Towards Sustainable Energy Services for Households and Small Businesses

Towards sustainable energy services for households and small businesses – barriers and recommendations

group, while other barriers have their origin in the perception, assumptions and social context of a group of stakeholders. Finally, the gender aspect should not be discounted here. Among users, women and men will typically have very different perceptions and experience of what is a necessary energy service, as well as of the barriers to introducing this service in the

best possible way. However, it is clear that women play a special role in the provision and management of energy services for households and cottage industry. Unfortunately, their perceptions are not always adhered to when it comes to realising the implementation of a more sustainable energy service.

Table 1: The most important barriers facing the main stakeholder groups





The problem is not clearly articulated and connected to energy

The focus is on projects rather than creation of a sound framework for sustainable energy services Lack of evaluation and monitoring. Weak learning, information exchange and strategies

Household energy is outside (formal) business structures

Insufficient focus on energy’s role in households and poverty reduction Ministries and financial institutions established to assist large-scale and conventional energy projects No research and development support

Lack of relevant information and practical examples

Insufficient entrepreneurship and business support

Many can’t finance the investment. Household energy lacks priority (a gender issue). Financing schemes are not well developed

Lack of skilled staff (technical and mobilization) and of capacity (human resources, finance)

High initial investment, risks and financial return do not meet

profitability expectations

This may include incentives such as tax rebates, full cost accounting, initiate and support micro-financing schemes, and subsidies. Moreover, private investment in renewable energy also plays a key role in ensuring the launch and implementation of sustainable energy services. Finally, the communities are the primary users of energy services, and hence need to have a say in shaping the services, habits and practices that bring about resource efficient and more sustainable patterns of consumption. It is far easier to double the efficiency of the energy use than to double the energy production. Efficiency measures are by far the cheapest (actually often profitable) and the most effective way of reducing GHG emissions and saving energy, a conclusion which is also highly applicable in developing countries. A doubling of global energy efficiency would reduce the CO 2 emissions by about 55 %, while a doubling of the production of new renewable energy may reduce the emissions by about 10 % 1 . In most of the African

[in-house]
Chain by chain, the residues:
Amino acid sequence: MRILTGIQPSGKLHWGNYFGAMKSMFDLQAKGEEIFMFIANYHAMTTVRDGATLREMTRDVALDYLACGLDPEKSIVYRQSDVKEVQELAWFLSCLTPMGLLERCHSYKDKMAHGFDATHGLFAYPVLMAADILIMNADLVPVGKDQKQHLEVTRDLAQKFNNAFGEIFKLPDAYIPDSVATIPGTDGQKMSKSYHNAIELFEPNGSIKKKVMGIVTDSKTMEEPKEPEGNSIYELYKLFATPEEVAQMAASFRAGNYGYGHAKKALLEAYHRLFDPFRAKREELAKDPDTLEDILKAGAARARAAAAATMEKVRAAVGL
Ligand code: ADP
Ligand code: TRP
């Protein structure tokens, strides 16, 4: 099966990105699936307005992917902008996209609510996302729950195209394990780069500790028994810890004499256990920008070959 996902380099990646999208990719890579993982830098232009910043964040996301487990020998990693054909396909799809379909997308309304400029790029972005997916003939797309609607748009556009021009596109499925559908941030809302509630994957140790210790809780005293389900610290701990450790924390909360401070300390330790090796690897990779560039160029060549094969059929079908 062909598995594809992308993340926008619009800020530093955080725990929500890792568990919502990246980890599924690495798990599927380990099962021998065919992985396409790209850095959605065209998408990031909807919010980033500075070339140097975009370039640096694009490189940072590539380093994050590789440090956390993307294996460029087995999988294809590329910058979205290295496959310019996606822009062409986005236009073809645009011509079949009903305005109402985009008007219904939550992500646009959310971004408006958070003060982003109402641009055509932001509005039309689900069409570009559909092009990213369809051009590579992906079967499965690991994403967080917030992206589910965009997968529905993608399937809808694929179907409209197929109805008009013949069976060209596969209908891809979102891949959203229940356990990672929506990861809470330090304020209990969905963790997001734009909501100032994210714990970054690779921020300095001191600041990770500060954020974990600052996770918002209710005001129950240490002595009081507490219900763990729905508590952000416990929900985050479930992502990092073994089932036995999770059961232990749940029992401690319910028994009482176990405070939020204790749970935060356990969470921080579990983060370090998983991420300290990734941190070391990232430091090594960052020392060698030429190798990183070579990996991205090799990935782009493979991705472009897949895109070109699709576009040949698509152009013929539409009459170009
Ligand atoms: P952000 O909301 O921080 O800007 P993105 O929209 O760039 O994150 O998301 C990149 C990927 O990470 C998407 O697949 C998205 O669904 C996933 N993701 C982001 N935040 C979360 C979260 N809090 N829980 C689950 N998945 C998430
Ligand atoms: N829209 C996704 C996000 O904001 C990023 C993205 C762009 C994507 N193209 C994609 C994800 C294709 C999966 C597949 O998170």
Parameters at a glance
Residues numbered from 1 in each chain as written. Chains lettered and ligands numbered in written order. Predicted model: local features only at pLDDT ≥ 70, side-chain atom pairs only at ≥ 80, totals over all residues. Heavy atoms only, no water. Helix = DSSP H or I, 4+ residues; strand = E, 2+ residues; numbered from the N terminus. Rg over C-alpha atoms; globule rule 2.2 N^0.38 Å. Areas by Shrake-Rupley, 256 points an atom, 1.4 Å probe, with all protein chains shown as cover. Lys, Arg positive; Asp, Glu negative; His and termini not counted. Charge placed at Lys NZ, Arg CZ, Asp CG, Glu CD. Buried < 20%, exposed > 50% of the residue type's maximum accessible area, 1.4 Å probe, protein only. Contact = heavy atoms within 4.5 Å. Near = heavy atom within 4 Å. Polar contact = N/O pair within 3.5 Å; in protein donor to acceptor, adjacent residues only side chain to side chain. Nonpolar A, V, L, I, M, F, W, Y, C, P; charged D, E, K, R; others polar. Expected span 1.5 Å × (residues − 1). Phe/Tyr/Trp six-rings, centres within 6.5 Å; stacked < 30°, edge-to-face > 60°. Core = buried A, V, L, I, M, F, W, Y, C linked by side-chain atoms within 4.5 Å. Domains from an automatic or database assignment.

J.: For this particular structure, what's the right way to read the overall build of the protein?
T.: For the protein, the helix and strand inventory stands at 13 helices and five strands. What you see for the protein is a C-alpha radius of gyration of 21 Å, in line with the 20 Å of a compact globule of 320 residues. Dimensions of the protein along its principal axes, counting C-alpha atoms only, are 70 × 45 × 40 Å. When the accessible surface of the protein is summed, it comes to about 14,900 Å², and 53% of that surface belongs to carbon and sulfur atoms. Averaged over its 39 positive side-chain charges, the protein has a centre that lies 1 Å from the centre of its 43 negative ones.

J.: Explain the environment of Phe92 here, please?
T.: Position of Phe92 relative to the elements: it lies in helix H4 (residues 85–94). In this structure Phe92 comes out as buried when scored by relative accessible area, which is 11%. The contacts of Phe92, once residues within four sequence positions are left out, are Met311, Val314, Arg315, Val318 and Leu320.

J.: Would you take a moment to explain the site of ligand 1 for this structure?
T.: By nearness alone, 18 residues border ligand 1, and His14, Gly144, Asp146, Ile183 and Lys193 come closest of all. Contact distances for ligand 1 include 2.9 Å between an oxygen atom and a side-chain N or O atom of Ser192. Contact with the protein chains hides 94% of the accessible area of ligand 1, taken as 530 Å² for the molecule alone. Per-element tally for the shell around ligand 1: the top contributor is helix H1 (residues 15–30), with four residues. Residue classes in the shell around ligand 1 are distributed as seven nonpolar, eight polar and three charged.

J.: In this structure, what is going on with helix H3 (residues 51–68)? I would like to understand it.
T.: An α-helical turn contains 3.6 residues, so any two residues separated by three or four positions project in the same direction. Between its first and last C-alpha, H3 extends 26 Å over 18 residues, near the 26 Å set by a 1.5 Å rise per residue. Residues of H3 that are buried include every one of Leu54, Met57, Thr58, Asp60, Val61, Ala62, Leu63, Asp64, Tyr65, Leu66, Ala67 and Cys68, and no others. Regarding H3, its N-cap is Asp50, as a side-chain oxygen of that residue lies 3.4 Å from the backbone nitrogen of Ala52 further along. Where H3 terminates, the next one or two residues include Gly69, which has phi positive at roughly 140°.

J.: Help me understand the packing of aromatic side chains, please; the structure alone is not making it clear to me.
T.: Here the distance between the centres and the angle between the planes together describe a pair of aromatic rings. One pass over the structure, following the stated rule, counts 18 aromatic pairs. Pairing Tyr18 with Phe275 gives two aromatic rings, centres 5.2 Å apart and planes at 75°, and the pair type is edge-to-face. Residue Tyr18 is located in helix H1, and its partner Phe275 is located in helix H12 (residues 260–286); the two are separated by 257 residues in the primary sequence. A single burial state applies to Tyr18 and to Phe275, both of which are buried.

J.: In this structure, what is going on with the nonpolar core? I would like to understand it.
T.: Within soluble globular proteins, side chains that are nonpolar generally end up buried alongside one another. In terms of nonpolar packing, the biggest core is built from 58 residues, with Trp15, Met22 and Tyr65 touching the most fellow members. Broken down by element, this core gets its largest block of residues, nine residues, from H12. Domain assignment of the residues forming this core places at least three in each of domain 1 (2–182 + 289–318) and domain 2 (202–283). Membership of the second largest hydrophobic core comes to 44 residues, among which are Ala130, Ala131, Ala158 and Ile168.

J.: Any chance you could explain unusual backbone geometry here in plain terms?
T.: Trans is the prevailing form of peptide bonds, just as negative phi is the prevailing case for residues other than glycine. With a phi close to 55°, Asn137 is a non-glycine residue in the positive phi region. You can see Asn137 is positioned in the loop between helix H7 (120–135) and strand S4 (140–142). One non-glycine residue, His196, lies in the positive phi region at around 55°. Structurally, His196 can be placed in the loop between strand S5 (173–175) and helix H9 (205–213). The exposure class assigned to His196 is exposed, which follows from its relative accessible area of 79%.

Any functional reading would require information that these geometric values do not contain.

In contrast to a public-private partnership, which is a type of project collaboration between a private enterprise and a public institution or organisation, a public-private-person partnership builds on local capacities whilst speaking to the needs of individuals within a community, both by way of process and as a product. A public-private-person partnership might be particularly interesting in overcoming barriers to implementation of more sustainable energy services in that its very structure aims to assure implementation of the community interests and to support improved welfare. Moreover, when managed properly it can facilitate suitable planning (e.g. information), resources (e.g. financing and technology) and implementation (e.g. training) as called for by the community. For a partnership to be successful, it is vital that all key stakeholders are represented. The responses from the organisations point to a partnership for sustainable energy services between local and/ or national governments, local businesses and local communities, which can be called a public-private-person partnership. It is the role of governments to provide favourable frameworks for secure and sustainable energy services.

1 Total commercial energy worldwide is made up of 80 % fossil fuel, 10 % nuclear and 10 % renewables. By doubling the share of renewables, the fossil share will be reduced to 70 % of the total. By doubling the efficiency, the


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